If only I’d known there was such a job, I would have done all my homework – on time – studied really really hard and not messed about at school for one single minute. Promise. Sadly, I didn’t know back then what I know now – that people are paid to create languages for a living. Oh heaven! It looks like I’m never going to see an advertisement for a brickie in Legoland, so this must have to be just about my dream job.
When the Klingons first opened their mouths in Star Trek, the Dothraki bargained for Daenerys to be Khal Drogo’s bride, or we marveled at the intricacies of Elvish, did you ever stop to consider that somebody had created these languages from scratch?
In the book A Secret Vice, Tolkien’s lecture on his creation of the languages of Middle Earth is discussed in mind-blowing detail. He created the original versions of each tongue, then worked out how they would change throughout time by contact with other languages and with changing inflections. He realised that as each group moved slightly further from its original homeland it would acquire new words for the different flora, fauna and other phenomena they encountered. He realised that words would, through time, change meaning or acquire new ones. This is exactly how language works, and Tolkien was a master of the art.
He based his languages on ones he found grammatically interesting, such as Finnish. He created writing systems for them, designing runic characters to give a feeling of ancient mystery. He also understood how a language’s traditional tales and mythology affect its structure and phraseology. The book A Secret Vice makes for fascinating reading.
So, Dothraki, anybody?
The language was created by David J Peterson who is a leader in this, admittedly niche, area. He also created High Valyrian for GoT, along with languages for many other sci-fi shows.
If you fancy learning a few phrases, there is an online course offered, according to this site:
To make a language credible, it needs to have a complete grammar, orthography and other such components which you probably think are best left to Latin teachers! However, if characters just opened their mouths and muttered gobbledy-gook, they would soon sound ridiculous. The rich, full, characteristics of these languages is what gives them their own life and makes them so compelling to listen to.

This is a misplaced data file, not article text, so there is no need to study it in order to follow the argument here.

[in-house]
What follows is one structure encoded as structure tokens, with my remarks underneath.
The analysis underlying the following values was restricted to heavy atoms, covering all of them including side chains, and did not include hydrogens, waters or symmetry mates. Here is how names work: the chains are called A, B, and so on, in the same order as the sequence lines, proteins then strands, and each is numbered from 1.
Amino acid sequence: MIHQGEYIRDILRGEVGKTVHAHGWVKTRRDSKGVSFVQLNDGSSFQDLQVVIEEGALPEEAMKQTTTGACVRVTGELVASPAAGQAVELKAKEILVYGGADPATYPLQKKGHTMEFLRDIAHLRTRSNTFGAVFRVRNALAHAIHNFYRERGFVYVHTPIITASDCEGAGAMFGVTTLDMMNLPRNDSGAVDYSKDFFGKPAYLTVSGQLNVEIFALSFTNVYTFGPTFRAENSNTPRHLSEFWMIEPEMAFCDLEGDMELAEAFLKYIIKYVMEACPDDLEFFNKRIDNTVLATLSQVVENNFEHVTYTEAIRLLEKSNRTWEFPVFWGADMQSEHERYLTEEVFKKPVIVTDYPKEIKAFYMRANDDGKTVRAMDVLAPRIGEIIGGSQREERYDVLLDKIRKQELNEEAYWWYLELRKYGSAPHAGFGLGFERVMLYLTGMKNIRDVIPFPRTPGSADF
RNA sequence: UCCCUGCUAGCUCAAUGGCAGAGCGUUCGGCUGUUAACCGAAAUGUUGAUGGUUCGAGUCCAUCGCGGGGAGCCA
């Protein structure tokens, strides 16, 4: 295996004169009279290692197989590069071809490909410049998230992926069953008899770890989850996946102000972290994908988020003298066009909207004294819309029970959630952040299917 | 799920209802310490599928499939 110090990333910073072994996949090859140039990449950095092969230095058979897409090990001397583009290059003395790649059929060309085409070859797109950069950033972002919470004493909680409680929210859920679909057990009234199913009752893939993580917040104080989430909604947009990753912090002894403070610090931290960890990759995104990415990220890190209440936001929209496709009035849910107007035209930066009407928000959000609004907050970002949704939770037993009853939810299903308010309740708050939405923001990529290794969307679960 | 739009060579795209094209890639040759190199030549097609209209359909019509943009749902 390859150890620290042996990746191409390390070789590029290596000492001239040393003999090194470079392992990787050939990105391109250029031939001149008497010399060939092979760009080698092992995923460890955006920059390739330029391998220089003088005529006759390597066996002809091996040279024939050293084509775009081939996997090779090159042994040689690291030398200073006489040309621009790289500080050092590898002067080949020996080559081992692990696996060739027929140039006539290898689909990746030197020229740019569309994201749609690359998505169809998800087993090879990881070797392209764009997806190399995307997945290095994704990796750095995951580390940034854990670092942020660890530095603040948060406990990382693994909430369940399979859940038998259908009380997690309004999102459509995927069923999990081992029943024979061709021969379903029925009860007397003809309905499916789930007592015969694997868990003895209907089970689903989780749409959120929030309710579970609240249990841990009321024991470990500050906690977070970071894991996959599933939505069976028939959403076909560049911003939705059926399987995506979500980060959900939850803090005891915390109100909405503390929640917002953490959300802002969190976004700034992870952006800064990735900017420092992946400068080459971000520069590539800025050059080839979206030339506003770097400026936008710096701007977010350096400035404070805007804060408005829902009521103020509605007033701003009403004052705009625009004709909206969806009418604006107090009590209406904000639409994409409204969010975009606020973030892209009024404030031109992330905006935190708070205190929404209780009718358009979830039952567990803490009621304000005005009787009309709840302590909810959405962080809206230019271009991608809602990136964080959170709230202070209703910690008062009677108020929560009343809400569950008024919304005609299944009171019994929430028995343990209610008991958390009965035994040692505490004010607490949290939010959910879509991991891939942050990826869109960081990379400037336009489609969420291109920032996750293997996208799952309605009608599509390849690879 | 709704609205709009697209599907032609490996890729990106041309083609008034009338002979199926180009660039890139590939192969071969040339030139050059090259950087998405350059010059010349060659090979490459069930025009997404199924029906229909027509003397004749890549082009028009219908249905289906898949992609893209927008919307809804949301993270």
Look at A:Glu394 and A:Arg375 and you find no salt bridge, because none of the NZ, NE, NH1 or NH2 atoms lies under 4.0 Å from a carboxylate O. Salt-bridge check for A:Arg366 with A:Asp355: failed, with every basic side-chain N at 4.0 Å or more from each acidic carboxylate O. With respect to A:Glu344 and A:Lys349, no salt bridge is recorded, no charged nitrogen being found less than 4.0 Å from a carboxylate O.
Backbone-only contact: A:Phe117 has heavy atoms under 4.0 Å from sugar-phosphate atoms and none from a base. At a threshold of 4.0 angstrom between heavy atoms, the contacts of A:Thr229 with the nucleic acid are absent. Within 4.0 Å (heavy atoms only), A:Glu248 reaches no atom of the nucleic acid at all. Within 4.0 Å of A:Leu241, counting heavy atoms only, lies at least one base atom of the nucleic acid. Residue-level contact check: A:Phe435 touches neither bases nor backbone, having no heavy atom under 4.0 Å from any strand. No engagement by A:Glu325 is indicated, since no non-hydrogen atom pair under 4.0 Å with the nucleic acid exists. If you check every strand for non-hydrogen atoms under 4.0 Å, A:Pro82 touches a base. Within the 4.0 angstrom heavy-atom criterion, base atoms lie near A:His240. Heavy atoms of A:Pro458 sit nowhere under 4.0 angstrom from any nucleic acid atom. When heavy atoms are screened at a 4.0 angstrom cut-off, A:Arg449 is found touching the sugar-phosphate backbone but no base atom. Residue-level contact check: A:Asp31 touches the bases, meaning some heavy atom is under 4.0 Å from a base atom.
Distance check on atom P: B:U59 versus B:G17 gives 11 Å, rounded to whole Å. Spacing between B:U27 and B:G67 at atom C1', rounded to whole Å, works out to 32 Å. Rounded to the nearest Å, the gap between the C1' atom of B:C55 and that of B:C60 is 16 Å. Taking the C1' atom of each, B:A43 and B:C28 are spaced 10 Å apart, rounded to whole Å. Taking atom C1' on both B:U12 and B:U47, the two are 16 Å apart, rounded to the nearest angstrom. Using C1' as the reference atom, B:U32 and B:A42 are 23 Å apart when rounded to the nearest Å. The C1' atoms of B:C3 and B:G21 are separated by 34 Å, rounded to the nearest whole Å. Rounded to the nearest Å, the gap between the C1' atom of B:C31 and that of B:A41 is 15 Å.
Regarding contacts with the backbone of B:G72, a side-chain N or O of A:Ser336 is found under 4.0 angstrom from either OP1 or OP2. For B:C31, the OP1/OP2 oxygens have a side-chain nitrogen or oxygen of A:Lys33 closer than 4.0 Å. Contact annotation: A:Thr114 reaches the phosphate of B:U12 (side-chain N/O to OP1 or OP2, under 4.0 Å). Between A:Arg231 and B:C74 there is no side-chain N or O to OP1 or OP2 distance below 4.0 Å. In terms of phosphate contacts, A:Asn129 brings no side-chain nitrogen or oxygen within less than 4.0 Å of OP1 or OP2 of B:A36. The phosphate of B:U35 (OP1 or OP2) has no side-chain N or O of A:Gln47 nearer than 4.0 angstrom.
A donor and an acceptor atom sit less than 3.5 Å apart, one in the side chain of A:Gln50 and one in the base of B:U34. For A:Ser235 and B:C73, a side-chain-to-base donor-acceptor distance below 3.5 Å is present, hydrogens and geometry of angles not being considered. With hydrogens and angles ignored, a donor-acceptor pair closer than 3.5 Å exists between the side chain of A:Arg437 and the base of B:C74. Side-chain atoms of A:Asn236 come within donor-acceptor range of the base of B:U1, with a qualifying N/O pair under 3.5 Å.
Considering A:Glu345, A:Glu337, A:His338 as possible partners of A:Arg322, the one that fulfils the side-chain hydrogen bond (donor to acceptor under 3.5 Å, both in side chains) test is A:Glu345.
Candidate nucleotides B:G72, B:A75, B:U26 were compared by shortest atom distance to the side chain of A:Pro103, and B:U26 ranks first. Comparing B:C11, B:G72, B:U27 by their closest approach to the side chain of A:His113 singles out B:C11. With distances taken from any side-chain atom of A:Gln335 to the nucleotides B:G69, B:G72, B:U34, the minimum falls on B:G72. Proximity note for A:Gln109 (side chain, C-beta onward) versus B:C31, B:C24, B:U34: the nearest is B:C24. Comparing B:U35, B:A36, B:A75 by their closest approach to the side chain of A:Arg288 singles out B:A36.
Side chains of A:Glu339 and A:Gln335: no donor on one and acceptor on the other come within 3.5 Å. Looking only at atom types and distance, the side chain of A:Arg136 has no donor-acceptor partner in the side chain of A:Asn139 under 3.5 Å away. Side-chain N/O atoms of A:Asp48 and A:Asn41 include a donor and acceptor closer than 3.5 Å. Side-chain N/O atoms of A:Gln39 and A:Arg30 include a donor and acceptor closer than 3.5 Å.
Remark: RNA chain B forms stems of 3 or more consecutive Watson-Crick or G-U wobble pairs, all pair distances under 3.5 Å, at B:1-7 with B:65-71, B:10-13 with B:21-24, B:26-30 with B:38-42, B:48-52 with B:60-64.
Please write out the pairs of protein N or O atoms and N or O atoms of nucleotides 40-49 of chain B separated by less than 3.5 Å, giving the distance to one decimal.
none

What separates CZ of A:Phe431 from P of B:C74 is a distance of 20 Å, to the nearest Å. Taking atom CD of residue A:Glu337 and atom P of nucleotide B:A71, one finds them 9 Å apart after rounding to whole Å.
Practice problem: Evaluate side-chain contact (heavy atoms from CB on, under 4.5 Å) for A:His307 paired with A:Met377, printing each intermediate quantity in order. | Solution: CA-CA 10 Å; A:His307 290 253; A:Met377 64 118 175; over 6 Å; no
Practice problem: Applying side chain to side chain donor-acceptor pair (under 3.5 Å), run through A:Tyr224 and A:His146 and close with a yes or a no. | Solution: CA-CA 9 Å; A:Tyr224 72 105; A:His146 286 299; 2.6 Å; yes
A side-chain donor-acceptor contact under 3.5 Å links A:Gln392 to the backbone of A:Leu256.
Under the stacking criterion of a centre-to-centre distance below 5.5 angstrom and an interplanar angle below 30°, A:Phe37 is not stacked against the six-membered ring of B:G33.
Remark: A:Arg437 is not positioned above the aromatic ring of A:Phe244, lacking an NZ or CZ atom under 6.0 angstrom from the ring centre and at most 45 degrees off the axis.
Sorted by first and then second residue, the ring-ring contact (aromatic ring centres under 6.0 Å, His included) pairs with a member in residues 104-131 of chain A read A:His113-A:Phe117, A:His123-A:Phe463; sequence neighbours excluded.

So, we now come to Star Trek, and Klingon. Did you know that James Doohan, who played dear old Scotty, first devised the phonology and a small vocabulary for it? It was then turned into a full language by Marc Okrand and has been used to write books and an opera; there is even a Klingon language Institute!
One last Star-Trek related fact:
When they decided they needed a Vulcan hand gesture for ‘Live long and prosper’ – Leonard Nimoy suggested using the one he had seen used in the synagogue when he was young. Although, in the worship setting, it is done with both hands, the famous gesture is based on the Hebrew hand-sign for Shin. All Hebrew characters have intrinsic meanings and this one stands for Shekinah and Shaddai – names of God. Live long and prosper is, I feel, a lovely sentiment. Knowing the accompanying sign stands for the name of God makes it even more beautiful.
PS. Sadly, Minion is NOT a language, despite having a wonderfully mixed vocabulary from many, many other languages. They do have real words – and below I have reproduced a handy phrasebook should you ever need it – but unfortunately the rest of it is utter nonsense. From a Minion, you wouldn’t really expect anything else, though, would you?